Block on Trump's Asylum Ban Upheld by Supreme Court
The Affordable Care Act allows the federal government to provide subsidies to poor and middle-class people purchasing insurance on the federal exchange, the Supreme Court ruled in King v. Burwell today. Opponents to Obamacare had claimed that federal subsidies were, based on the language of the Act, limited to plans purchased on exchanges individual states set up themselves, not those obtained through Healthcare.gov.
The exact language of the Act must yield to its overall intent, the Court decided in its 6-3 decision. Chief Justice Roberts wrote for the majority that, "Congress passed the Affordable Care Act to improve health insurance markets, not to destroy them."
Reading the Act in Context
There's no question that the Affordable Care Act states that federal subsidies are available to those who purchase their insurance on "an exchange established by the state." That language, Roberts, wrote, cannot be taken alone however, and must be interpreted in the "context and structure of the act." That context is Congress' desire to support health insurance markets and the ACA must be interpreted to support that end. That allows the court to read "established by the state" to include exchanges established by the federal government on behalf of the states.
The Court upheld the exchanges, but noted that the Affordable Care Act was an error-riddled bill. Roberts highlighted the Act's "inartful drafting." These include three different sections labeled Section 1563. Those errors should not be fatal, however, and when ambiguous, must yield to the overall structure and intent of Obamacare.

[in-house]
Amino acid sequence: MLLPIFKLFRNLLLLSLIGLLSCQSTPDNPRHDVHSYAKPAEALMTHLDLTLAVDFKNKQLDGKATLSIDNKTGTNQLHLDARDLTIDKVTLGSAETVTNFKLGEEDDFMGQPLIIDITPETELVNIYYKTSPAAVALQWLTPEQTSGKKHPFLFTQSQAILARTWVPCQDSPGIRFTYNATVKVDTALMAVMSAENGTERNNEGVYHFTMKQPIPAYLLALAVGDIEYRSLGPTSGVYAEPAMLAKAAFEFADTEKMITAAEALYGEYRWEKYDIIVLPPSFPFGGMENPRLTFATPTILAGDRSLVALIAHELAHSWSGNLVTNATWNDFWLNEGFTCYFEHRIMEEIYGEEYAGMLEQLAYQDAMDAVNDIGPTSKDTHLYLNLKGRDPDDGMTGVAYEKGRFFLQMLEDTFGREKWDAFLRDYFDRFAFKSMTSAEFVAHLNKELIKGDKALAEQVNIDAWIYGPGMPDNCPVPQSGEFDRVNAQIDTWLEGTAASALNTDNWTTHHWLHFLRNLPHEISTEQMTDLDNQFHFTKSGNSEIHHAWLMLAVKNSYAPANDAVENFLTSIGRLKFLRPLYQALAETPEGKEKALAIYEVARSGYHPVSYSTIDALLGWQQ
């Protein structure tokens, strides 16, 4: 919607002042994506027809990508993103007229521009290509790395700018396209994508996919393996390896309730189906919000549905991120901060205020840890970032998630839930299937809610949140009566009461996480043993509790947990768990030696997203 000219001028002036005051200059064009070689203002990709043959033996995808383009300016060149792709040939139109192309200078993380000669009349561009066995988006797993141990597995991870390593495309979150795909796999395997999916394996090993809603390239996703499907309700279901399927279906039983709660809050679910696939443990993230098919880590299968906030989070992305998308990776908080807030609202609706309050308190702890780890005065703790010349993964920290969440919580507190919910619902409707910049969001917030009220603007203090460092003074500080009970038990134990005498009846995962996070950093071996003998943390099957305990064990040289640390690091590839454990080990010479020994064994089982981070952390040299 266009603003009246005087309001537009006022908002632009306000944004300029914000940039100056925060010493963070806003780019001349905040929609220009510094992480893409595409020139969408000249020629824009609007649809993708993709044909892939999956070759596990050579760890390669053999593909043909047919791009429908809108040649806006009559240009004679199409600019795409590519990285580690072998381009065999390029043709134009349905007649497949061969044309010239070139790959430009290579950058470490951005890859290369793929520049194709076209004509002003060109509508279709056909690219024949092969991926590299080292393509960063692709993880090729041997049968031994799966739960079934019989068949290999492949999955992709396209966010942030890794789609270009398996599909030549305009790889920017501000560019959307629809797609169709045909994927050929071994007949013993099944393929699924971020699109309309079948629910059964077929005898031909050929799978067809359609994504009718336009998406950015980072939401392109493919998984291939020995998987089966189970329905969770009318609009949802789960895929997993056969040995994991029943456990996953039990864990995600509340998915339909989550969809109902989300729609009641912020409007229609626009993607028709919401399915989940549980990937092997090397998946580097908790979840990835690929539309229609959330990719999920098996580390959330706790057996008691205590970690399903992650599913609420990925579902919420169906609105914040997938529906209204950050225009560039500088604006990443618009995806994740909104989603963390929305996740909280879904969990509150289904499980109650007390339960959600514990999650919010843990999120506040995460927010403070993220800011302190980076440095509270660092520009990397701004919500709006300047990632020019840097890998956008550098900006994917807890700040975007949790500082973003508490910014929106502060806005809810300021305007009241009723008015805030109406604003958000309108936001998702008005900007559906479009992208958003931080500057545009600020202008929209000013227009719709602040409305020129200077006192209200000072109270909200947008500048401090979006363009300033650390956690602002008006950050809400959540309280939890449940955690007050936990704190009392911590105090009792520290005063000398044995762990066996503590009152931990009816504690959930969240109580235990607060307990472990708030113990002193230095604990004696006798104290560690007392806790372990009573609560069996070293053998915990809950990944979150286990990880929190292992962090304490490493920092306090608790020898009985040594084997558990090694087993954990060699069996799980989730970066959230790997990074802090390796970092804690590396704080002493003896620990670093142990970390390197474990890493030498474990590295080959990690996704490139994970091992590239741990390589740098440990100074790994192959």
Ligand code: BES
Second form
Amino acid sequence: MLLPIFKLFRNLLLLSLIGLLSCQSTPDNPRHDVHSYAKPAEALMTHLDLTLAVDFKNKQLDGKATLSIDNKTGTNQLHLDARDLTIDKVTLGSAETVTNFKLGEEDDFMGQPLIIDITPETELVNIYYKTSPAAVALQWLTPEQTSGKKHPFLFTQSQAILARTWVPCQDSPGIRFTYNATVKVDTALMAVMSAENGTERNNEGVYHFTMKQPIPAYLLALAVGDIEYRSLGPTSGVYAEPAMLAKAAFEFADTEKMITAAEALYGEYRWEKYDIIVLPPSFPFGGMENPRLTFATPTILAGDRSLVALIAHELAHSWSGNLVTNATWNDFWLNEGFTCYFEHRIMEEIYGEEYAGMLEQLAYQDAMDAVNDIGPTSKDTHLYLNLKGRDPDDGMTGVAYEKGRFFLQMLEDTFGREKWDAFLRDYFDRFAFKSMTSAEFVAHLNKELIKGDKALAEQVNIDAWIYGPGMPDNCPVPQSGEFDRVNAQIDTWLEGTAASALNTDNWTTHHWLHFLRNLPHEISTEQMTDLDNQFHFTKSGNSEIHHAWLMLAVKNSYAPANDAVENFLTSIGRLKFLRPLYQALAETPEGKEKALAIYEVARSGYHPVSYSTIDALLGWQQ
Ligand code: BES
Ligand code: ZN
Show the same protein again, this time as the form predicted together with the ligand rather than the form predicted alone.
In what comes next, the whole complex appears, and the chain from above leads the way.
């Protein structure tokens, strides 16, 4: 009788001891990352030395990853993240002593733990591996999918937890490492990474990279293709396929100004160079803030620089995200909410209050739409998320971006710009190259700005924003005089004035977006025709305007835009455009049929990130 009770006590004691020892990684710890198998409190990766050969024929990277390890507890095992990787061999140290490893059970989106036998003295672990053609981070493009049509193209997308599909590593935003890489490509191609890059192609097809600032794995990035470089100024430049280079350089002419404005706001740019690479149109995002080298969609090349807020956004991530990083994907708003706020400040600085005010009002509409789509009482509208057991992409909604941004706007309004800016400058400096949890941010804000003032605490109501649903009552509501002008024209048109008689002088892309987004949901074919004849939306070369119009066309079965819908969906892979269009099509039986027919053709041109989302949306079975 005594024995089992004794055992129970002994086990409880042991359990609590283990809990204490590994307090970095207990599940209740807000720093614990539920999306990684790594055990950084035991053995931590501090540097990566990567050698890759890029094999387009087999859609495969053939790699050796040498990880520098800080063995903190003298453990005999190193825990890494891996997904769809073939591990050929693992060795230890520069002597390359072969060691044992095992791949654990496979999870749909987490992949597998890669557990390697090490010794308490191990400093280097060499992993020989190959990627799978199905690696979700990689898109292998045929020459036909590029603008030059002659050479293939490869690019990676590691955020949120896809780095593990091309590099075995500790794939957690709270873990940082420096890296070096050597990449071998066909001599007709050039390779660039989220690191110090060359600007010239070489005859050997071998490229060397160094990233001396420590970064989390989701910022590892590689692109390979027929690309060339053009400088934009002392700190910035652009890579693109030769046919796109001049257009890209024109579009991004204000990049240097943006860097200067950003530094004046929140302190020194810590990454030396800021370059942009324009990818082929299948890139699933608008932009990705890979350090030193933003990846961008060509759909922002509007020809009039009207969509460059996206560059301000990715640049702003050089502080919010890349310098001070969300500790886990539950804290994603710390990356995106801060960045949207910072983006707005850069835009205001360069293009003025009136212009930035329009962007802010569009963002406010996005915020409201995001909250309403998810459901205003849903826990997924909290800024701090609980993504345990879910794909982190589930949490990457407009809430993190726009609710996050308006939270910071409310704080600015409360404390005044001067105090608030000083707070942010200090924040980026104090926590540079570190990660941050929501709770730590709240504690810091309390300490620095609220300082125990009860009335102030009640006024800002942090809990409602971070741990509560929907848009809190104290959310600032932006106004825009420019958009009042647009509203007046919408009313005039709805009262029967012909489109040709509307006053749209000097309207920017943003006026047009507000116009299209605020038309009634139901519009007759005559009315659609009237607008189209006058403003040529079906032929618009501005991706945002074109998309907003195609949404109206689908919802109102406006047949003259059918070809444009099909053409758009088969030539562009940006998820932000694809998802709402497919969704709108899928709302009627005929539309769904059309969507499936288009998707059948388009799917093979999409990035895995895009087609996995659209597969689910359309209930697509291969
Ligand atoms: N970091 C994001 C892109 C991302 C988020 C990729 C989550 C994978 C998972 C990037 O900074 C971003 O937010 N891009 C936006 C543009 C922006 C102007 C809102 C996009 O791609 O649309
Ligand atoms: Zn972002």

Of course, that approach enraged the Court's leading textualist, Antonin Scalia, whose dissent was joined by Thomas and Alito. The Court's interpretation, he argued, rewrote the Act so deeply that "we should start calling this law SCOTUScare."
Had the case come out differently, more than 6 million people could have lost their insurance subsidies, most of them in "red states" where the need for subsidies was greatest. In fact, that was widely expected to be the result. Last week, Politico surveyed the potential fallout for GOP candidates should the subsidies fail. The New York Times, just two days ago, examined how a loss would impact Obama's legacy.
Are We Done With Legal Challenges Now?
Instead, Obamacare now looks stronger and more settled than ever. Unlike in their decision supporting the ACA's individual mandate, today's majority decision was confident, assured and could almost be read as establishing a judicial requirement to support to the Act where possible. The idea that Obamacare can be undone in the Court, rather than Congress, may finally be expiring.
Certainly President Obama hopes that's the outcome -- in his comments after the decision was released, he declared, "after multiple challenges to this law before the Supreme Court, the Affordable Care Act is here to stay."